Linked by Thom Holwerda on Mon 3rd Sep 2012 20:46 UTC, submitted by MOS6510
General Development I like this one: "By definition, a program is an entity that is run by the computer. It talks directly to the CPU and the OS. Code that does not talk directly to the CPU and the OS, but is instead run by some other program that does talk directly to the CPU and the OS, is not a program; it's a script." Here's the other eleven.
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RE[3]: Comment by Soulbender
by satsujinka on Tue 4th Sep 2012 06:24 UTC in reply to "RE[2]: Comment by Soulbender"
satsujinka
Member since:
2010-03-11

None of the things I mentioned do it by default (you have to make the decision to have spaghetti code.) try/catch/finally does it by default. That's the whole reason you people use it.

The definition of OO matters when we want to have serious discussions about it. It's sort of hard to judge the merits of something that lacks a solid definition.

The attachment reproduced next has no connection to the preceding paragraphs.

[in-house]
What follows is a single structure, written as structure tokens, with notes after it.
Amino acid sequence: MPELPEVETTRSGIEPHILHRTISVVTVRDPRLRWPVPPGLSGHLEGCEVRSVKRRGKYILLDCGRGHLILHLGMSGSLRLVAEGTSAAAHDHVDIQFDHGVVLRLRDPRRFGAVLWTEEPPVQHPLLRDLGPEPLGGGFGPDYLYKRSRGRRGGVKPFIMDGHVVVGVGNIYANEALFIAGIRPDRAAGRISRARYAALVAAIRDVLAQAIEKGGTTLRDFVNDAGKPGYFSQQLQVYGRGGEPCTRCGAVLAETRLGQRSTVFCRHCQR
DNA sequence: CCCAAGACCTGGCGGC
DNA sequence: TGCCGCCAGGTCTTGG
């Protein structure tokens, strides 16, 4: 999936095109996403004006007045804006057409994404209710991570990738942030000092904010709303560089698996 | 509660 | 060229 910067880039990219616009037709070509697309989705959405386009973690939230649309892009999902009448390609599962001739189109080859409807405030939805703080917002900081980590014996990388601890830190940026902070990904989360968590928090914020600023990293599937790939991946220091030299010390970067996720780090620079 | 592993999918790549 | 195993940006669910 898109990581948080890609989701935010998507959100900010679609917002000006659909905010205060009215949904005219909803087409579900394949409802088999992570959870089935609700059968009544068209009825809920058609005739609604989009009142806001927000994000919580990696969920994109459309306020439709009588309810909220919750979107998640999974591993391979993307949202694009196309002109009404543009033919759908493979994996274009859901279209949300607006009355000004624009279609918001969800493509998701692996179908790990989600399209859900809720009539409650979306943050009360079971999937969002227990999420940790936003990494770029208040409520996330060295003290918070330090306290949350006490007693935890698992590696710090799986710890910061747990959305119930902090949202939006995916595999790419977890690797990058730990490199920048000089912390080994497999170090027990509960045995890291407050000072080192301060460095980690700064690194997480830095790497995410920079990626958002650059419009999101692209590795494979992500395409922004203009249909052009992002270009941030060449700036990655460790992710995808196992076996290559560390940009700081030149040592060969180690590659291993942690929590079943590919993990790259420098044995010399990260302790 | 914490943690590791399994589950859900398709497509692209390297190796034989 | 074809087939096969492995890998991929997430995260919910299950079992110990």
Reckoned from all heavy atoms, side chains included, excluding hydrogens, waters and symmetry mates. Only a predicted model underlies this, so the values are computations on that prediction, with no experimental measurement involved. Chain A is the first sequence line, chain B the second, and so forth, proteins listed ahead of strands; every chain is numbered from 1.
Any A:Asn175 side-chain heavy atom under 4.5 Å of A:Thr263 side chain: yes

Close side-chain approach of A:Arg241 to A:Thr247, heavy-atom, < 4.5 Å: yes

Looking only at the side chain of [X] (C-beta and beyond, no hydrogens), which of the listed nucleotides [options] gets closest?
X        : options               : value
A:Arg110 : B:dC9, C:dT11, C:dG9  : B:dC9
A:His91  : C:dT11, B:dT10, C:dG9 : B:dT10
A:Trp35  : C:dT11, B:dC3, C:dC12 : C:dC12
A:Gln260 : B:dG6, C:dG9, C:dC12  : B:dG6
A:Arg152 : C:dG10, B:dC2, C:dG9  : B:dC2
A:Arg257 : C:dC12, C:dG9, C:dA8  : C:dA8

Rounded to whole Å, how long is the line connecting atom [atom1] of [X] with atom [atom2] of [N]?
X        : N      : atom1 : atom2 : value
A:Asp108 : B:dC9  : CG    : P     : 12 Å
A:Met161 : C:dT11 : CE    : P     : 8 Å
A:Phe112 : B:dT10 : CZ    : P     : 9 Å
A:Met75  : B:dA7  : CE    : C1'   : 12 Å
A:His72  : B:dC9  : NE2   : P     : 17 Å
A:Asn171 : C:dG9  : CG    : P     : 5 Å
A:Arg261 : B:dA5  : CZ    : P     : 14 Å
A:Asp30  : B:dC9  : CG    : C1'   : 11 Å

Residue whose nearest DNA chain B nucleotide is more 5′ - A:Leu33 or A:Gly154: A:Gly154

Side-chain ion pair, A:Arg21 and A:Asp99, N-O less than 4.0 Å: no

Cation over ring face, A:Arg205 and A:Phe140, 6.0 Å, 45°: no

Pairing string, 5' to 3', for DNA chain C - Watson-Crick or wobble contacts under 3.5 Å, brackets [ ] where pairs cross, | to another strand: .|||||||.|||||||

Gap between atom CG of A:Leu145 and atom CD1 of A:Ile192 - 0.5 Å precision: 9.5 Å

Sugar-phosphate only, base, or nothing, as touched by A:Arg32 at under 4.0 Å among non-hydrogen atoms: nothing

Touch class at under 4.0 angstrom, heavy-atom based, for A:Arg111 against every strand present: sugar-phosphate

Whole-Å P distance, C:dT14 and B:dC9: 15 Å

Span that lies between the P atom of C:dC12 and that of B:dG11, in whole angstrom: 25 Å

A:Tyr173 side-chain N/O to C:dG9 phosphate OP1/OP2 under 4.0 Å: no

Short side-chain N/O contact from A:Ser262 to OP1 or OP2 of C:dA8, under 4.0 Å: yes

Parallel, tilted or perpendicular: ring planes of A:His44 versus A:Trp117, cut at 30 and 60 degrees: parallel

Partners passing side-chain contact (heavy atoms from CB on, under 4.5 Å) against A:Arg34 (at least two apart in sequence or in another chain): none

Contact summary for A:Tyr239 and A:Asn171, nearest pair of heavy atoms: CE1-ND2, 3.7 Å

Reply Parent Score: 1

Soulbender Member since:
2005-08-18

That's the whole reason you people use it.


"you people"?

Reply Parent Score: 3

Soulbender Member since:
2005-08-18

try/catch/finally does it by default


Try/catch does not automatically create spaghetti code any more than return values and message structures.

Reply Parent Score: 4

RE[5]: Comment by Soulbender
by kwan_e on Tue 4th Sep 2012 08:14 in reply to "RE[4]: Comment by Soulbender"
kwan_e Member since:
2007-02-18

"try/catch/finally does it by default


Try/catch does not automatically create spaghetti code any more than return values and message structures.
"

Most try/catch (in Java especially) are for exceptions that normally people don't care enough about anyway, and so they catch them where needed and ignore.

So in terms of ignoring errors, they're not different. I'd prefer exceptions though if I do want to handle errors.

Reply Parent Score: 3